Has Mexico Become a New Hub for Manufacturing?
Global Supply Chain Interruptions Have Uncovered Manufacturing Alternatives to China
June 20, 2022
Regardless of where you live, you are familiar with the “Made in China” tags included on many products you use. The reason why it is so common is that for years China has been the most significant manufacturing hub across the globe.
Many leading global businesses, such as Nike and Apple, have relied on China as their go-to country for manufacturing purposes because costs were hard to beat elsewhere. However, the increased dependency on China and the strained global supply chain have forced western companies to rethink their strategies. The tide of global trade is turning.
Today, shoppers are beginning to find “Made in Mexico” or “Made in Nicaragua” labels, for example, instead of “Made in China” on inexpensive clothing, household items, and other items sold by retailers, as many businesses have started to shift their manufacturing units to Latin America to bring supply chains closer to home; a concept known as Nearshoring. (Read our article on Nearshoring.)
This is a notable shift and there are several reasons behind the redevelopment of manufacturing and production units from China to Latin America.
WHAT CAUSED THE SHIFT?
Regardless of the product, businesses do not make significant changes to their manufacturing and supply chains often, even more so when it involves the relocation from one region to another. Just think about the complexities of completing shutting down plants or breaking partner contracts in one country and building up operations or forging new partnerships in another. It’s complicated, costly, and time-consuming!
Sometimes relocating production hubs is necessary for businesses seeking to shorten the production-to-consumer delivery time, save money, and avoid general aggravation. There are many factors that contribute to these difficult decisions. In this article, we will discuss some of these key factors that are influencing this trend of the manufacturing move from China to Latin America, namely Mexico, and why the global supply chain continues to narrow for so many producers.
1. THE U.S.-CHINA TRADE WAR
In 2018, former U.S. President Trump imposed punitive tariffs on trade with China, which ignited a trade war between the two nations. Since then, geopolitical tensions between the two superpowers have been on the rise with no signs of slowing down. The trade war caused significant problems between the nations. Price increases reached a point where they began directly impacting business relationships between manufacturers and the business owners.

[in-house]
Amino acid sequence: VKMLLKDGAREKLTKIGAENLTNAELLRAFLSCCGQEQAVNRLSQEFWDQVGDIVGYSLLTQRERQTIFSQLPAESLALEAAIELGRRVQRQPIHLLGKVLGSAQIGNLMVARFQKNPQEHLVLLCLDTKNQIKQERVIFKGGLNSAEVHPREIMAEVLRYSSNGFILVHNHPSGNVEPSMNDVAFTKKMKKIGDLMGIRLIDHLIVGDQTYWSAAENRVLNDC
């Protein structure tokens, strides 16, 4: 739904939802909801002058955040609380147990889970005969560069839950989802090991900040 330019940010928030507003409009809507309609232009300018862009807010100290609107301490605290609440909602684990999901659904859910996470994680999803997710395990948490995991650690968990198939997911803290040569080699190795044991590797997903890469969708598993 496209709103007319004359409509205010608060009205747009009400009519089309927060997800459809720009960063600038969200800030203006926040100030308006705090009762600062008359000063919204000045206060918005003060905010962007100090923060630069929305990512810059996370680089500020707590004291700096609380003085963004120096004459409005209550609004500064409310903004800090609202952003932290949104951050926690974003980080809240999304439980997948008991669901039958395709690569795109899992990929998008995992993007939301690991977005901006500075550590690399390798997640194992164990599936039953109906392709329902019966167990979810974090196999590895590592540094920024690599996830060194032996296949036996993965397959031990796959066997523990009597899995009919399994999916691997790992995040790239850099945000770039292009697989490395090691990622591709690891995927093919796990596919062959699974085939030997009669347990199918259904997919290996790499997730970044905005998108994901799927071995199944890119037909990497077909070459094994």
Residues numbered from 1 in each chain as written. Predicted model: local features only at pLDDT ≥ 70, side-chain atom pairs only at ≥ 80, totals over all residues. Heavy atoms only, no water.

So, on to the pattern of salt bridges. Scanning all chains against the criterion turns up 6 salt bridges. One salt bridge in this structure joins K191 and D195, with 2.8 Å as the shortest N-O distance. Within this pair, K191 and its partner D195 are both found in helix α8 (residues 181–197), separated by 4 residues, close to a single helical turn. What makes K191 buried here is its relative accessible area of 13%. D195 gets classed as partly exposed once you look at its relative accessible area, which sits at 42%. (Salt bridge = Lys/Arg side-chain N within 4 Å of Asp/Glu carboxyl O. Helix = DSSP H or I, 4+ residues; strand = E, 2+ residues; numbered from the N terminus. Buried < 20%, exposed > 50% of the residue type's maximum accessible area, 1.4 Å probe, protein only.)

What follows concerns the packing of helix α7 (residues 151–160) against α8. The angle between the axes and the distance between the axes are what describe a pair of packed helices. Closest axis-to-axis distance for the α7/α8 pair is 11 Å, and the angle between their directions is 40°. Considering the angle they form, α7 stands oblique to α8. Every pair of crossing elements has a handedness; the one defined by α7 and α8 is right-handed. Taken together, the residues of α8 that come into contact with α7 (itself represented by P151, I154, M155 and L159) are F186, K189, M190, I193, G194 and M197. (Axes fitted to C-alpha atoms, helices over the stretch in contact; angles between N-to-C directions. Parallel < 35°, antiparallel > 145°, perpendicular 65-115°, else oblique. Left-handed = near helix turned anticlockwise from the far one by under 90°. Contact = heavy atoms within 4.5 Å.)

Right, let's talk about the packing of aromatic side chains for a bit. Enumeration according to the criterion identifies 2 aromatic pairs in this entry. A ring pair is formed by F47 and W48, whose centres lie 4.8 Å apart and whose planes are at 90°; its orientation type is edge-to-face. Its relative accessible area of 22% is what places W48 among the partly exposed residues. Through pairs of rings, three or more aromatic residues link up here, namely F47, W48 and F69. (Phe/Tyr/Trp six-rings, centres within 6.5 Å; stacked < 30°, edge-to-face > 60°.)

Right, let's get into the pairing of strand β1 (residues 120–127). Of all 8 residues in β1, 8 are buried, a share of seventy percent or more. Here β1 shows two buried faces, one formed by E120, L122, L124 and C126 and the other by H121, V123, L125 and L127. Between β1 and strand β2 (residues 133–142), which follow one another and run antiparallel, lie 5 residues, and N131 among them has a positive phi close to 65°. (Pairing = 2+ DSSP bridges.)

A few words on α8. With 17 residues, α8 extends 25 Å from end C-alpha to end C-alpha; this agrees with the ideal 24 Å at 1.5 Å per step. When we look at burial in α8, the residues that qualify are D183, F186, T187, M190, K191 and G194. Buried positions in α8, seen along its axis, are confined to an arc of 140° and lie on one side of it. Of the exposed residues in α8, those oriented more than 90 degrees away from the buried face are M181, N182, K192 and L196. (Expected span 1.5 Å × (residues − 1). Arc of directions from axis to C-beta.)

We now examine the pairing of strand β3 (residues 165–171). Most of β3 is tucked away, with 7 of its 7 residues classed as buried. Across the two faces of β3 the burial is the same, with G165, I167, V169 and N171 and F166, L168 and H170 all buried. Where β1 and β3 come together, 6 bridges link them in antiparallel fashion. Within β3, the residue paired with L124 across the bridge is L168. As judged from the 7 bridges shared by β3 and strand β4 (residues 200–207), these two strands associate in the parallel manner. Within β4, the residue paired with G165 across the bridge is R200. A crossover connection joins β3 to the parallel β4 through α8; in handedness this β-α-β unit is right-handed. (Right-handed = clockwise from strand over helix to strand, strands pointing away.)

While the trade war with China was initially a geopolitical concern for the U.S. (and other developed nations), it very quickly began affecting U.S. businesses locally as inflation became more of an issue. Higher prices led to a lower consumption of goods by U.S. consumers who began to feel the pinch. In order to survive, in some cases, businesses started shifting their manufacturing operations away from China, in search of greater cost-efficiencies. They found them by establishing manufacturing operations in Latin America.
On a related note, manufacturing costs have skyrocketed and wages have recently been on the rise in China, making the Superpower less competitive in terms of pricing and lowering producers’ ability to achieve the cost savings they once experienced in years past. This explains yet another shift away from producing goods there.
2. CROWDED PORTS AND THE COVID-19 PANDEMIC
COVID-19 has been another major cause for the reduction of manufacturing and relocation away from China. The pandemic shocked the world in 2019. Countries closed borders. Airlines discontinued key business travel routes. Large fleets of container ships were stalled in ports with no one available to unload orders. Workers were ordered to stay home. Supply chains were severally interrupted.
Since global trade channels were on lockdown, transporting goods and services became nearly impossible. Stalled supply chains led to significant losses and suffering for businesses in the U.S. and around the world. The limited availability of goods to suppliers and consumers; from microchips to new automobiles, to healthcare products and consumer electronics, became more than just a headline but began directly impacting consumers. While the need for these products, components, and other raw materials remained high, sourcing became a great challenge.
In the healthcare and IT sectors, for example, fragmentation and market chaos ensued. The once comfortable and reliable reliance on China for the basic elements needed to manufacture products in these sectors was quickly exposed. Packaging for key healthcare products became scarce, cost-prohibitive, or completely unavailable, making it nearly impossible for these companies to deliver to buyers. Companies incurred significant losses and were forced to look for alternative and innovative ways to stay in business.
One of the more obvious ways companies began solving the problem was to reduce the geographic distance between manufacturing facilities and the North American customer. One popular decision for many Western companies was to begin manufacturing products closer to where raw materials were produced and most easily accessible, like Mexico.
Today, China continues to struggle with supply chain issues as a result of COVID-19 and the lockdowns imposed on the Chinese people by their government. In fact, as of May 2022, industrial output is at its worst since the beginning of the pandemic.
3. THE UNITED STATES MEXICO CANADA AGREEMENT (USMCA)
In July 2021, the United States of America, Mexico, and Canada signed a tri-lateral trade agreement that benefitted the manufacturers, businesses, farmers, ranchers, local workers, and others of all countries involved.
The agreement aims to promote free trade between the nations and support supply chain and manufacturing units to be originated within the boundaries of these nations. According to the agreement, Mexico would become the predominant manufacturing unit and trading partner for the U.S. and Canada, which made many businesses in the region shift away from China to Mexico for ease of doing business, to save money, increase efficiency, and to shorten the supply chain.